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uk upgrades its relations with central asia

UK Upgrades Its Relations with Central Asia

Author: Nicholas Castillo

Apr 29, 2024

Image source: proreforms.uz

Central Asia played host to a surprisingly high-profile visitor this April, the United Kingdom (UK) Foreign Secretary and former Prime Minister David Cameron. Cameron, who has already had an active role as the UK’s foreign minister in the Middle East and Ukraine, arrived on April 22 in Tajikistan, making him the first British Foreign Minister ever to do so. His trip included all five Central Asian states, as well as Mongolia. Cameron appears to be attempting to pull Central Asia westward and building relations in light of Central Asia’s increasing role in world trade. 

The UK Foreign Secretary’s official statements in relation to the trip outlined a focus on boosting economic relations and readiness to tackle climate change. His statement also emphasized educational opportunities for Central Asian students, announcing new programs for English language education in the region, and increasing the number of scholarships for foreign nationals to study in British universities. He likewise announced a £50 million investment in the region over three years, aimed at boosting growth and trade. His visits to the five Central Asian republics entailed discussions reportedly focusing on these issues.

While goals such as economic and education cooperation are all likely genuine, they should be read within the context of Central Asia’s increasingly important geopolitical role. Officials throughout the Trans-Atlantic block have made it clear that they want to connect formerly Russian-aligned or -influenced states with the West, something that at times has played out in terms of economic or infrastructure projects. While speaking with local media in Kyrgyzstan, Cameron outlined opposition to Russia’s war in Ukraine, framing it as an issue of sovereignty relevant to all countries. In a video released by Cameron about his trip, the Foreign Secretary explained his view that “in a more competitive and contested world, if you want to protect and promote British interests, you have to go out there and compete.”

Britain’s Foreign Office confirmed that Cameron also sought to “advance discussions on sanctions circumvention,” something touched upon in his Uzbek op-ed and a more potentially fraught issue given the problem of dual-use goods transiting Central Asia to Russia and cases of sanctions evasion. While often less explicitly identified, newfound British attention to Central Asia might also relate to China, whose influence Western countries have increasingly criticized.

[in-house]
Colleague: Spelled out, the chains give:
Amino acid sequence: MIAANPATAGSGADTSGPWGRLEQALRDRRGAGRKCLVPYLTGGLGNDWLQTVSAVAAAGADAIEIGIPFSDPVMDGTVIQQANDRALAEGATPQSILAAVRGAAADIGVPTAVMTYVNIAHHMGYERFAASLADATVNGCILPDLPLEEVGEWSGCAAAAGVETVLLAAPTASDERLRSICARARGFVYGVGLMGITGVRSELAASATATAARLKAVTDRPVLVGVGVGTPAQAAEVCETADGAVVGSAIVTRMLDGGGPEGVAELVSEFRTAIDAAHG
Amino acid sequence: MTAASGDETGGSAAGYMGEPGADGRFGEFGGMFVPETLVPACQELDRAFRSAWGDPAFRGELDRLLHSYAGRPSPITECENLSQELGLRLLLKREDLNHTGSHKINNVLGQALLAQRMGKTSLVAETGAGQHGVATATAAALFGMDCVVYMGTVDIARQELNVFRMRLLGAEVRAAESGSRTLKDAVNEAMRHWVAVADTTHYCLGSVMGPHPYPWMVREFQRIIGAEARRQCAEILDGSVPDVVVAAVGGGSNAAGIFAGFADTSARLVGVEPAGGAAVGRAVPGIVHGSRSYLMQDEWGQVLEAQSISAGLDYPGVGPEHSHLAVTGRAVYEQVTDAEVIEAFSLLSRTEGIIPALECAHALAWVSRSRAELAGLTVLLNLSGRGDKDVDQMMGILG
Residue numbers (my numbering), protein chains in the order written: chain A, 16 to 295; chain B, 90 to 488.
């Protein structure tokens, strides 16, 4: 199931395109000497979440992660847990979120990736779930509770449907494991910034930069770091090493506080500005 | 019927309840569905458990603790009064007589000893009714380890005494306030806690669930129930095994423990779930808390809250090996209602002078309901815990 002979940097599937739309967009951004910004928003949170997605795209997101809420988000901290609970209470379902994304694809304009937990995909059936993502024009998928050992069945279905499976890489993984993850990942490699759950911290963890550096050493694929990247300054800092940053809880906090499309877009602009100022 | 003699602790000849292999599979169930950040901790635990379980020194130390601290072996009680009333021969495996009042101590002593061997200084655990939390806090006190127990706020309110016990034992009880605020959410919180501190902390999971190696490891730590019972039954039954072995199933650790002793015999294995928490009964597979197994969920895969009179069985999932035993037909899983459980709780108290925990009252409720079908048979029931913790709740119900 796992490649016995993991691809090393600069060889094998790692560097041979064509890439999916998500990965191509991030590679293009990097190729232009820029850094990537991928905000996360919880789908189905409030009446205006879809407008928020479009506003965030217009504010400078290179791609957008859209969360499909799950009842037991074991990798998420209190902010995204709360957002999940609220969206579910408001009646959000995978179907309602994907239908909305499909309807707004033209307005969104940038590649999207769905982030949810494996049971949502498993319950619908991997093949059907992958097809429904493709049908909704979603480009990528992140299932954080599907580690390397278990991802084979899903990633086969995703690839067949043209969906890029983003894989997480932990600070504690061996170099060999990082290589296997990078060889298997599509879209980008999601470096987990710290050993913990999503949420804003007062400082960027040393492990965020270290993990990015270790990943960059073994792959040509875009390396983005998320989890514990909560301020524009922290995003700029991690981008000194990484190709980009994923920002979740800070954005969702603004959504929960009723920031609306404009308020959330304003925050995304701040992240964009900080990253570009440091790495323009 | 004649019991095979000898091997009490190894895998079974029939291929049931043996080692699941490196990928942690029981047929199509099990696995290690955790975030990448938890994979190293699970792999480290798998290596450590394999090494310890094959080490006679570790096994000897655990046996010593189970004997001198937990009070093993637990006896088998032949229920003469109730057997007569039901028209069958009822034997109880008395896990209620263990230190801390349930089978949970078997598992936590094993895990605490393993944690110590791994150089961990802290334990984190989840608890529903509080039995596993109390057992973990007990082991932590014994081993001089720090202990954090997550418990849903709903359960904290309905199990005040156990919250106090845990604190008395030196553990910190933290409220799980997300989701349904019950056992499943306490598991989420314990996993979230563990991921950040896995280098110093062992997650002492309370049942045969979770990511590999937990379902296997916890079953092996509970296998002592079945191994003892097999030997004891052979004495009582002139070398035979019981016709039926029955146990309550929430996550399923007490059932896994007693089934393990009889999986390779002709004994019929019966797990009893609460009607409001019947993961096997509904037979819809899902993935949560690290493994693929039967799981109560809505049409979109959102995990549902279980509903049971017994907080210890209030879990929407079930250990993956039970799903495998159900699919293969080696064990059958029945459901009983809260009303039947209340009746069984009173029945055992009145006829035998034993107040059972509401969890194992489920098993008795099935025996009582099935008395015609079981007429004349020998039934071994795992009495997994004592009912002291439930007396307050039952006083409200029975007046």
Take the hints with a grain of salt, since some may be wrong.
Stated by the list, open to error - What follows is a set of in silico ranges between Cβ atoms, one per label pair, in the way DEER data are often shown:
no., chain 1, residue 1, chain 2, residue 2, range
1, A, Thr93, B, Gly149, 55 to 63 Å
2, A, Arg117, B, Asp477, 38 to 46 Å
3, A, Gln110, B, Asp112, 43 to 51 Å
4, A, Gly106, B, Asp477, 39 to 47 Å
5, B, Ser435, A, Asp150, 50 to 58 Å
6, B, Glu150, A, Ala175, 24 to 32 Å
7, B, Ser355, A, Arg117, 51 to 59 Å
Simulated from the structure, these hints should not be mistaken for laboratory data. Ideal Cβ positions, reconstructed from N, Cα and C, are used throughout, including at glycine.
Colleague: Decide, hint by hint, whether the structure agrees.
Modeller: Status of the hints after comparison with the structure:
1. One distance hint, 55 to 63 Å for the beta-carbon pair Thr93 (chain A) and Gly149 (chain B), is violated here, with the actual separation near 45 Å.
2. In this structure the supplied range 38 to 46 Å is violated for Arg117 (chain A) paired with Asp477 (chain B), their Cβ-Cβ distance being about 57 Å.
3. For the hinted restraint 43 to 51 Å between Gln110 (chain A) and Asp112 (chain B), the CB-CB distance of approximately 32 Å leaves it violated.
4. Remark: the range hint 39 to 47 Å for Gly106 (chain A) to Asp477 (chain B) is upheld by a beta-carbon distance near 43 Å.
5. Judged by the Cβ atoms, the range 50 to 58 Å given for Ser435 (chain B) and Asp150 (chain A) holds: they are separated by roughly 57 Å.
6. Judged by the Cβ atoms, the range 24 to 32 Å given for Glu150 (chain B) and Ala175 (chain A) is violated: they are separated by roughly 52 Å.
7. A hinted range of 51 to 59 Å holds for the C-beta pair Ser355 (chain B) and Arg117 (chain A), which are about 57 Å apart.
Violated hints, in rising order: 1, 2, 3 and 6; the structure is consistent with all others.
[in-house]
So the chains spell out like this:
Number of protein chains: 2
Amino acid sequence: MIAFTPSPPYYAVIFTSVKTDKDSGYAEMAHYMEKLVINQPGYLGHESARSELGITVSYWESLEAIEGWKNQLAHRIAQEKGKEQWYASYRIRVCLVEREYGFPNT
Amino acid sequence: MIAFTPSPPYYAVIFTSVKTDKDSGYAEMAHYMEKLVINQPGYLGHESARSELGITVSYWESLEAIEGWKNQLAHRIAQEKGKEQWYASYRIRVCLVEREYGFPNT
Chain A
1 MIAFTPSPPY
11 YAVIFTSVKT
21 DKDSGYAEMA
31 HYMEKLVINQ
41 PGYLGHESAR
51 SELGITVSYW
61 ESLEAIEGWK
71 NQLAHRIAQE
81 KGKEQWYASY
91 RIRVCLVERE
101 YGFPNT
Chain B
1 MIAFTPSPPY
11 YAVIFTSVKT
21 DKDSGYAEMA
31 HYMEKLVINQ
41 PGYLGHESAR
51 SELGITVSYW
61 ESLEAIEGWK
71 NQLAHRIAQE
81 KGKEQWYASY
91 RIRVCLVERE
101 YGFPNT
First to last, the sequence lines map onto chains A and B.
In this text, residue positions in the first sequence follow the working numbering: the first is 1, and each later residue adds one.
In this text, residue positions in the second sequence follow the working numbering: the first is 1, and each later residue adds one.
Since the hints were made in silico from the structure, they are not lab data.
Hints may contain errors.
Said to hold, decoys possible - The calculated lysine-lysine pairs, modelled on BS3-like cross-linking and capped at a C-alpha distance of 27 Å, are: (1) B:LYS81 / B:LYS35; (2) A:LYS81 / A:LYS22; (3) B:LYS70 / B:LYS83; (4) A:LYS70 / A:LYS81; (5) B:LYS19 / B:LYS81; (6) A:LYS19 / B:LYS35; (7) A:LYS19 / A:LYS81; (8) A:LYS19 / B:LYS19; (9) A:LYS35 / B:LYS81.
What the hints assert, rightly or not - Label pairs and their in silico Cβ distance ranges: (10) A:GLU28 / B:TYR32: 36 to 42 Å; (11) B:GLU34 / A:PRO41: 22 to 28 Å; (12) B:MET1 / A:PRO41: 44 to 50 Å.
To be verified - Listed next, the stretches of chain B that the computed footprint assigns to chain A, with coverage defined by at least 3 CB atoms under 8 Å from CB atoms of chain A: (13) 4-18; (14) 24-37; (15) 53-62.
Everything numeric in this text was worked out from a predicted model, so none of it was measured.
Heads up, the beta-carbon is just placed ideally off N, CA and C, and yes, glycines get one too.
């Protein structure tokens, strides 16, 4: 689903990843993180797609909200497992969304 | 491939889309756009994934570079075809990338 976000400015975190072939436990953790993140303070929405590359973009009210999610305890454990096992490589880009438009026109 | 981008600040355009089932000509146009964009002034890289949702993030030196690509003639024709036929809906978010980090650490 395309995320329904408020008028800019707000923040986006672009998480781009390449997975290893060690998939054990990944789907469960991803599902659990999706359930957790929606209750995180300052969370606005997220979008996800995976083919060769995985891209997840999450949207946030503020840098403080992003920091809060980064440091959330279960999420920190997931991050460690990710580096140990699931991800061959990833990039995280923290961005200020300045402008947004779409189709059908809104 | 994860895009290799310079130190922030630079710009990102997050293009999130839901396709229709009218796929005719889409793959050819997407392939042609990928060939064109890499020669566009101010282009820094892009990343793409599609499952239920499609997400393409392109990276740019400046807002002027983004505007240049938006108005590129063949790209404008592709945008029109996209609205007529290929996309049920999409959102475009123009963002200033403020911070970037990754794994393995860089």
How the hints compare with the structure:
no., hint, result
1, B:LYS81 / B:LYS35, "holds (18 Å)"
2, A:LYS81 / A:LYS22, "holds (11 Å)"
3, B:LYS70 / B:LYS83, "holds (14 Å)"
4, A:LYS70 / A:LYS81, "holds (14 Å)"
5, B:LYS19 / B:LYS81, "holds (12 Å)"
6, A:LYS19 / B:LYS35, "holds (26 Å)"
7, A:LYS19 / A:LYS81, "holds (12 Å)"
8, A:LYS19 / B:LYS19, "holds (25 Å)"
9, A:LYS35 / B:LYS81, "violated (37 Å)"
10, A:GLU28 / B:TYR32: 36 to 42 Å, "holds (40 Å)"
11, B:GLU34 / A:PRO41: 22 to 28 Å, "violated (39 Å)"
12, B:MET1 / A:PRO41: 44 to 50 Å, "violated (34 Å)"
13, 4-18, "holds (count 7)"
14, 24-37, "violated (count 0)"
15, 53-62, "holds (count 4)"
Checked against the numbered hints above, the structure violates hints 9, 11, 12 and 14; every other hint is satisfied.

Even beyond questions of geopolitical influence, however, Central Asia is fast becoming a zone of interest across the wider world. The buildup of the Middle Corridor, an alternative route for goods transversing to Europe from China without going through Russia, alongside the growing critical minerals and natural gas sectors, all point to greater relevance for Central Asia for European capitals. Cameron’s trip therefore seems to fit into a pattern of Western leaders and institutions recognizing this and acting accordingly. Other instances include President Biden’s September meeting with the Central Asian heads of state, the U.S. establishment of the Critical Mineral Dialogue, and the EU’s €10 billion Central Asia infrastructure investment in January.

For the UK specifically, the fact that Britain is no longer part of the European Union could require a more proactive foreign policy, no longer being able to take part in the benefits of European initiatives. London might be looking to the growing ambitions of U.S. and EU approaches in the region and wonder if they are missing out. Interest goes beyond Cameron himself, with the UK’s parliamentary Foreign Affairs Committee publishing a report in November 2023 that recommended heightened engagement with Central Asia.

Cameron’s visit led to a flurry of developments. He signed new memorandums of understanding and agreements with Tajikistan, Kyrgyzstan, Uzbekistan, and Kazakhstan, expanding economic cooperation and beginning direct flights from the UK to Tajikistan. Alongside high-level meetings, Cameron made sure to have a heavy public-facing aspect to the trip. He spoke with locally based media in Kyrgyzstan and published an op-ed in Uzbekistan's Gazeta.uz, expressing his desire to push Uzbek-British relations further and pursue shared goals of respect for territorial integrity (a likely reference to Russia’s war on Ukraine), economic growth, and education cooperation.

Cameron has stated that he hopes his trip to the region will inaugurate a “new era” of diplomacy between Britain and Central Asia. While since the collapse of the Soviet Union Britain has not been significantly involved in Central Asia, April’s visit does seem to signal an ambition on the part of London to change that and make Britain an active participant in the region.

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